Police apologise to woman who was left naked in cell for THREE HOURS
Police apologise to woman who was left naked in cell for THREE HOURS after she was wrongfully arrested for sitting on roof of her car as it was about to be towed away
- Yvonne Farrell, 52, sued Hertfordshire Police for unlawful arrest in August 2018
- She was detained and left naked in a cell for three hours before her release
- Today Hertfordshire Police apologised and Ms Farrell accepted £45k in damages
Police have apologised to a woman who was left naked in a cell for three hours after she was wrongfully arrested for sitting on the roof of her car as it was about to be towed away.
Yvonne Farrell, 52, sued Hertfordshire Constabulary for unlawful arrest after she staged a sit-in on her partner’s car in Stevenage when tow-truck operators arrived to clamp it in August 2018.
Officers detained her for allegedly committing a public order offence and subsequently threatened to remove her clothing by force if she failed to cooperate with them.
When she refused to give her name, Ms Farrell was taken to a ‘camera cell’ and obliged to strip naked ‘to humiliate, distress and embarrass her with a view to forcing her to ‘confess’ her identity’, according to her lawyer.
The Rastafarian was then provided with ‘hot pants and a crop top’ but refused to wear them due to her religious and cultural belief that women should only wear long dresses.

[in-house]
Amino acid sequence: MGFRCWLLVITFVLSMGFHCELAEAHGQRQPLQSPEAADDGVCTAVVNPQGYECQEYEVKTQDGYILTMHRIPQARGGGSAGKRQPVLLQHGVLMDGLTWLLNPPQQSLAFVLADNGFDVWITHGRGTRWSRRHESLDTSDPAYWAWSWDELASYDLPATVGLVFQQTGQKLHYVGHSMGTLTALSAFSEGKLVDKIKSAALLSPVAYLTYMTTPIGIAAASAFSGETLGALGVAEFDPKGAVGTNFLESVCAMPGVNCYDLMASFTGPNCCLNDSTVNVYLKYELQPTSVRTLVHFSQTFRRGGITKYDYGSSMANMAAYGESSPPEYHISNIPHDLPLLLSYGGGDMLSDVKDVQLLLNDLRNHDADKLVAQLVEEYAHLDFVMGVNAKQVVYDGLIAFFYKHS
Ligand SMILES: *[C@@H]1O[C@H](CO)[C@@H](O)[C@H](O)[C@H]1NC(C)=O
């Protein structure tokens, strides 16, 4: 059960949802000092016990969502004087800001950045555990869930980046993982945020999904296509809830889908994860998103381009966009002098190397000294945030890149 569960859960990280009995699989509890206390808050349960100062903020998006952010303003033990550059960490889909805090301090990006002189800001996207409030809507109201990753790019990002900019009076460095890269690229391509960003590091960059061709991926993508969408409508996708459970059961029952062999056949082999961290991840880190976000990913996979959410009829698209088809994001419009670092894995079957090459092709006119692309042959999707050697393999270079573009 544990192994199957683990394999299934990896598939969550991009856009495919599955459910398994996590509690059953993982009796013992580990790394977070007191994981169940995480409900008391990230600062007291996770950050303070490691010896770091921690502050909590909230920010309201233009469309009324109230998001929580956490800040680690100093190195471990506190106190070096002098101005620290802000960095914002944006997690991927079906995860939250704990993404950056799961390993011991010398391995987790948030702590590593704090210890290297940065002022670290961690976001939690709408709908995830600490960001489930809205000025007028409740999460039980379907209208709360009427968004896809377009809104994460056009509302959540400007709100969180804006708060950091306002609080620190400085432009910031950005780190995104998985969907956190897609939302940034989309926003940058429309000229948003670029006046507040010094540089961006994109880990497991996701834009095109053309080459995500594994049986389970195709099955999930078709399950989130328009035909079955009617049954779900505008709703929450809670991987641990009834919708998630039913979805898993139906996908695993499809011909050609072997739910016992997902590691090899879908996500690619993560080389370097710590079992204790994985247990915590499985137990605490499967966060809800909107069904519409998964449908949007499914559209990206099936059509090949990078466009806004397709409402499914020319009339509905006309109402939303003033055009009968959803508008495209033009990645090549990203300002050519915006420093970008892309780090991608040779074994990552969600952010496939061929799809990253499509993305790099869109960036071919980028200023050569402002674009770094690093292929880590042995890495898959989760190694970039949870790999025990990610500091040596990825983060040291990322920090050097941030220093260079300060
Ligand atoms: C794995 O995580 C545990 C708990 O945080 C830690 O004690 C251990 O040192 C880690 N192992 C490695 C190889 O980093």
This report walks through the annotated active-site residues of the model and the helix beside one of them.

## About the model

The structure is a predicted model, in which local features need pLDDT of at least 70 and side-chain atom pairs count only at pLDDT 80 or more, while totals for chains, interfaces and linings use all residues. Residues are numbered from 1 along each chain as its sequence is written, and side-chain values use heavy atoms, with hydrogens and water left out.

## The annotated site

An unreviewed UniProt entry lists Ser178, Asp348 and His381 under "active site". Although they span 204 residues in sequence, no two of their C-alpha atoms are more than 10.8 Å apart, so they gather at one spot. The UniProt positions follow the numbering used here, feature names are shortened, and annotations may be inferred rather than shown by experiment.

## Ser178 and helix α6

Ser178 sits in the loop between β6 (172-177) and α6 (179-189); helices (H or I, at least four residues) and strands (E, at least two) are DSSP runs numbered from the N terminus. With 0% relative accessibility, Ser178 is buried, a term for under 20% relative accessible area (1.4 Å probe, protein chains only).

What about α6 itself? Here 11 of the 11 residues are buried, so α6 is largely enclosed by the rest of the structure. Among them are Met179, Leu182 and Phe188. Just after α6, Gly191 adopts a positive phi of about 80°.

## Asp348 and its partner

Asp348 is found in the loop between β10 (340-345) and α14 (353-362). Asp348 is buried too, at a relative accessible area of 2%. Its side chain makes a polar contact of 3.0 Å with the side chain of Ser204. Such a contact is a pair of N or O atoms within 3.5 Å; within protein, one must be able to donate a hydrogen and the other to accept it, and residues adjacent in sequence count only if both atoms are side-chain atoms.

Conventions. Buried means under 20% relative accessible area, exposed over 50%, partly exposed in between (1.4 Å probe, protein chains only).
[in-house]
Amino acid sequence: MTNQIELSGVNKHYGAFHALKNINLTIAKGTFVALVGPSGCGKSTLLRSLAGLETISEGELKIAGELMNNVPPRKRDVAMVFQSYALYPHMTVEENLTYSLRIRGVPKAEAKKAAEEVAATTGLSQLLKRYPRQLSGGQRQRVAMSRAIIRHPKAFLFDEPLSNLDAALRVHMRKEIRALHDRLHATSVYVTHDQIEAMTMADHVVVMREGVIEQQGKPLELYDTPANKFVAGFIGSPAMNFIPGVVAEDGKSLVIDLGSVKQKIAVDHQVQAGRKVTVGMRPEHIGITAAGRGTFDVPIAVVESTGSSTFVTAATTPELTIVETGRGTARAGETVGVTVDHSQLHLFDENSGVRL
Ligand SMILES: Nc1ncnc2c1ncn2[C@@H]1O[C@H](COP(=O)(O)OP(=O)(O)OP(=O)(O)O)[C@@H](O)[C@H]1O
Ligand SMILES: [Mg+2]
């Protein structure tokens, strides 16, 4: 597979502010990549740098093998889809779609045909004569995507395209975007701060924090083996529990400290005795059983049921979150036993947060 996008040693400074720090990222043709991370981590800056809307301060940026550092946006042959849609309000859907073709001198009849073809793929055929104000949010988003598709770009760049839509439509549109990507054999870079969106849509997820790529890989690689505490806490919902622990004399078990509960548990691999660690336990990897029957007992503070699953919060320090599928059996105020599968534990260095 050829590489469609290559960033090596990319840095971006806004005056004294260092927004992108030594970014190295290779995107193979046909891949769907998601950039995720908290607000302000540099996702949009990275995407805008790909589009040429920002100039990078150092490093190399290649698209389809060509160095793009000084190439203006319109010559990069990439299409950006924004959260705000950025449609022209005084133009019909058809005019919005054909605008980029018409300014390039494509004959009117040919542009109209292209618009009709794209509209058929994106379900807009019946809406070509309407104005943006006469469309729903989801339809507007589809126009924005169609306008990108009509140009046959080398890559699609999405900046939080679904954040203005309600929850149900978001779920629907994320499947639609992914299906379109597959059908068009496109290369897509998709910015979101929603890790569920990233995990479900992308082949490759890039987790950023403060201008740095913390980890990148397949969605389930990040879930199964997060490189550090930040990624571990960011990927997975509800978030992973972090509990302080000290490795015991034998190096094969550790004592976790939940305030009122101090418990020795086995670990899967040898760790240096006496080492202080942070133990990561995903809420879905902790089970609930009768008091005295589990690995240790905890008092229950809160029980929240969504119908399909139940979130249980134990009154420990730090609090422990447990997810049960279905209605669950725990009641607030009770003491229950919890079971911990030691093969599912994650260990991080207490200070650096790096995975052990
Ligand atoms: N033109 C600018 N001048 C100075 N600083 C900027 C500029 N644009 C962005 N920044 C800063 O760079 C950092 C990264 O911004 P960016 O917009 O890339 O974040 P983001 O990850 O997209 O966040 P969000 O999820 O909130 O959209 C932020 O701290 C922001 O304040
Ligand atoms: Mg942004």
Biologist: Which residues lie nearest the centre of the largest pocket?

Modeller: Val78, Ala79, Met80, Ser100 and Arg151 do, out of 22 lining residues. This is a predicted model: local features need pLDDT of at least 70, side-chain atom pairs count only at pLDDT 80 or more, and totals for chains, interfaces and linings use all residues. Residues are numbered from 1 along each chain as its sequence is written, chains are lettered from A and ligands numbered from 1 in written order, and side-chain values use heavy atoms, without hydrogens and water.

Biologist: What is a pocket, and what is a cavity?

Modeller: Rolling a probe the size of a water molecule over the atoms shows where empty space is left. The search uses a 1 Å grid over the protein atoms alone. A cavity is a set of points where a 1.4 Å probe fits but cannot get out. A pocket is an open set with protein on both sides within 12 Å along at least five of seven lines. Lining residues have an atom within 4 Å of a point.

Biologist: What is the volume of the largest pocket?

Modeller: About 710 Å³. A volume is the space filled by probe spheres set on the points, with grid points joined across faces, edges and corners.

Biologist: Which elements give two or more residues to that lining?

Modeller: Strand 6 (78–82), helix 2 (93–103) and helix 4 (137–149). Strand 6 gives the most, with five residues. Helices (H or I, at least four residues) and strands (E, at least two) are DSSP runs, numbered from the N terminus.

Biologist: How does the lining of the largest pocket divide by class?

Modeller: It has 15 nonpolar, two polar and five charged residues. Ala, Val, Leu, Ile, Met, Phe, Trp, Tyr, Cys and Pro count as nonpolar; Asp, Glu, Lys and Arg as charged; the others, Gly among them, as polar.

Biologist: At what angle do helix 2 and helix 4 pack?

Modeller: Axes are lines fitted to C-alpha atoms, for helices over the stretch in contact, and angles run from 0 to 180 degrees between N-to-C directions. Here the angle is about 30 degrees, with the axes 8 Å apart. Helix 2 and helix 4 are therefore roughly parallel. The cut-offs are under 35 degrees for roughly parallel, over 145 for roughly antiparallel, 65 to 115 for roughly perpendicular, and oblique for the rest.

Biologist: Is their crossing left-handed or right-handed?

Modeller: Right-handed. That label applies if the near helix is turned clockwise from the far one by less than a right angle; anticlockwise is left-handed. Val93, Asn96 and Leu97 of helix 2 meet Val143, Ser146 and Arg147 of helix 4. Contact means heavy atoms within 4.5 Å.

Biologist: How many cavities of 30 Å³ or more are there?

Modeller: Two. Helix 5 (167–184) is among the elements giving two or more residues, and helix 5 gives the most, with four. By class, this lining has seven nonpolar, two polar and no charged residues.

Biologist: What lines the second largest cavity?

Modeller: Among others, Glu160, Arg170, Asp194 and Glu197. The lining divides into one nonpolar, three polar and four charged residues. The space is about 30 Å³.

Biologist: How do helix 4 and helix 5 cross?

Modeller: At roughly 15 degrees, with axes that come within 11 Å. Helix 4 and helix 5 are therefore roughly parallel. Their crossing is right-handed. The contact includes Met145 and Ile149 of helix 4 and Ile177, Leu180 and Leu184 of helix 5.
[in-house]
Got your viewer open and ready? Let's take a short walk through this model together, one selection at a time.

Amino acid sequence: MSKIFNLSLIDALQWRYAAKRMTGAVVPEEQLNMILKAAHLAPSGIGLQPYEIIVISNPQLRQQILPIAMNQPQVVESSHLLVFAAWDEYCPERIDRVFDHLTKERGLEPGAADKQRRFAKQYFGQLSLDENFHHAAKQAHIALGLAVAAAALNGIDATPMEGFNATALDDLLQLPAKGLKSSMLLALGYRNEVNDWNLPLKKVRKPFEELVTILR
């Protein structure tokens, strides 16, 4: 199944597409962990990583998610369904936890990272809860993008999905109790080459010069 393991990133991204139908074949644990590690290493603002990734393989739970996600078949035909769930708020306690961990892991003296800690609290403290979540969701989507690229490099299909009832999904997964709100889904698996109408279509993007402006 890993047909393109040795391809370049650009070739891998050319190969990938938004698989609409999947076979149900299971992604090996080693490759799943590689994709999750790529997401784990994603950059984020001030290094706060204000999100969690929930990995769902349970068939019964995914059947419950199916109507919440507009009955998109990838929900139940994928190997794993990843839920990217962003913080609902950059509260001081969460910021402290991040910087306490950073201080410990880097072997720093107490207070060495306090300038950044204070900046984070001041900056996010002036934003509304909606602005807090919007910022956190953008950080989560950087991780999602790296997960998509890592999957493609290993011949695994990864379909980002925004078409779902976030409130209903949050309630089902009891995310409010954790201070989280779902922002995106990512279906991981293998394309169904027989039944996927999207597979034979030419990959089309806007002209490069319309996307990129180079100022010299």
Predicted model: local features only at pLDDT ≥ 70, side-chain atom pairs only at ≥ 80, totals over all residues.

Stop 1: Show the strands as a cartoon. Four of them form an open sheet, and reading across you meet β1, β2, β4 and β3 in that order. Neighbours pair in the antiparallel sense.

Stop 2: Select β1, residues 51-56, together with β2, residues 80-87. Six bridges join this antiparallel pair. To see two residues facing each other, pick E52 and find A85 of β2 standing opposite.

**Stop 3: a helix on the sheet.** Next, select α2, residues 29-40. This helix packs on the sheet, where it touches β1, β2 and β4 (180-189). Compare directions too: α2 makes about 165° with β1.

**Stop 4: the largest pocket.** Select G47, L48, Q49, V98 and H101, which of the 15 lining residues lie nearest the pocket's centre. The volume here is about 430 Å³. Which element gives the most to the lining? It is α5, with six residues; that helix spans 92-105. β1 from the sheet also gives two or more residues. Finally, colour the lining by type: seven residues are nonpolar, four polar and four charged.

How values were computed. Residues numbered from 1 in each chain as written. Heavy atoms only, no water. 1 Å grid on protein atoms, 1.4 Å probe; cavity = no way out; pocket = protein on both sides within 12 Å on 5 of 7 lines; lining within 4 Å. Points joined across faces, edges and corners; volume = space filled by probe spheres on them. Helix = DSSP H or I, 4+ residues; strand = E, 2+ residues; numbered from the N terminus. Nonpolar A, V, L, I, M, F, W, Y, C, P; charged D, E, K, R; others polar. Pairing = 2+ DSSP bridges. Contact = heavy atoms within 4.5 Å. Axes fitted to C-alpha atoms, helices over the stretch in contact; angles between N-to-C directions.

She was thrown a blanket before her clothes were eventually returned to her and she was allowed to redress nearly three hours later, before being released after nearly 11 hours of detention.
Hertfordshire Police Professional Standards Department then rejected Ms Farrell’s complaint before she enlisted the help of solicitor Iain Gould, who specialises in claims against the police.
The lawyer pursued court proceedings claiming ‘basic, special, aggravated and exemplary damages’, and Ms Farrell was offered £45,000 in damages from the force in December – though police did not apologise.’
Today Hertfordshire Constabulary issued a grovelling apology, telling Ms Farrell ‘we got it wrong’ and saying they were ‘extremely sorry for any injuries that you suffered’ as a result of police action.
Yvonne Farrell, 52, sued Hertfordshire Constabulary for unlawful arrest after she staged a sit-in on her partner’s car in Stevenage when tow-truck operators arrived to clamp it in August 2018
Mr Gould said he was ‘delighted with the terms of the settlement’ but said ‘all of this was entirely unnecessary and amounts to a vast waste of public money and the time of everybody involved’.
He also claimed that Hertfordshire Constabulary ‘really doesn’t apologise for the most egregious and distressing thing done to Yvonne, namely her being stripped naked’.
In the letter of apology, Deputy Chief Constable, Michelle Dunn of Hertfordshire Constabulary said: ‘Having investigated the incident, I accept that you should not have been arrested. When you were in custody, the officers were unable to assess whether you were at risk of harming yourself.
‘As a result, your clothes were removed from you and you were given a ‘safety suit’ to wear to preserve your modesty and to ensure that you would not cause yourself any harm with your clothes.
‘For religious reasons you were unable to wear that safety suit and as a result, remained unclothed for a period of time. I accept that the removal of your clothes must have been very upsetting.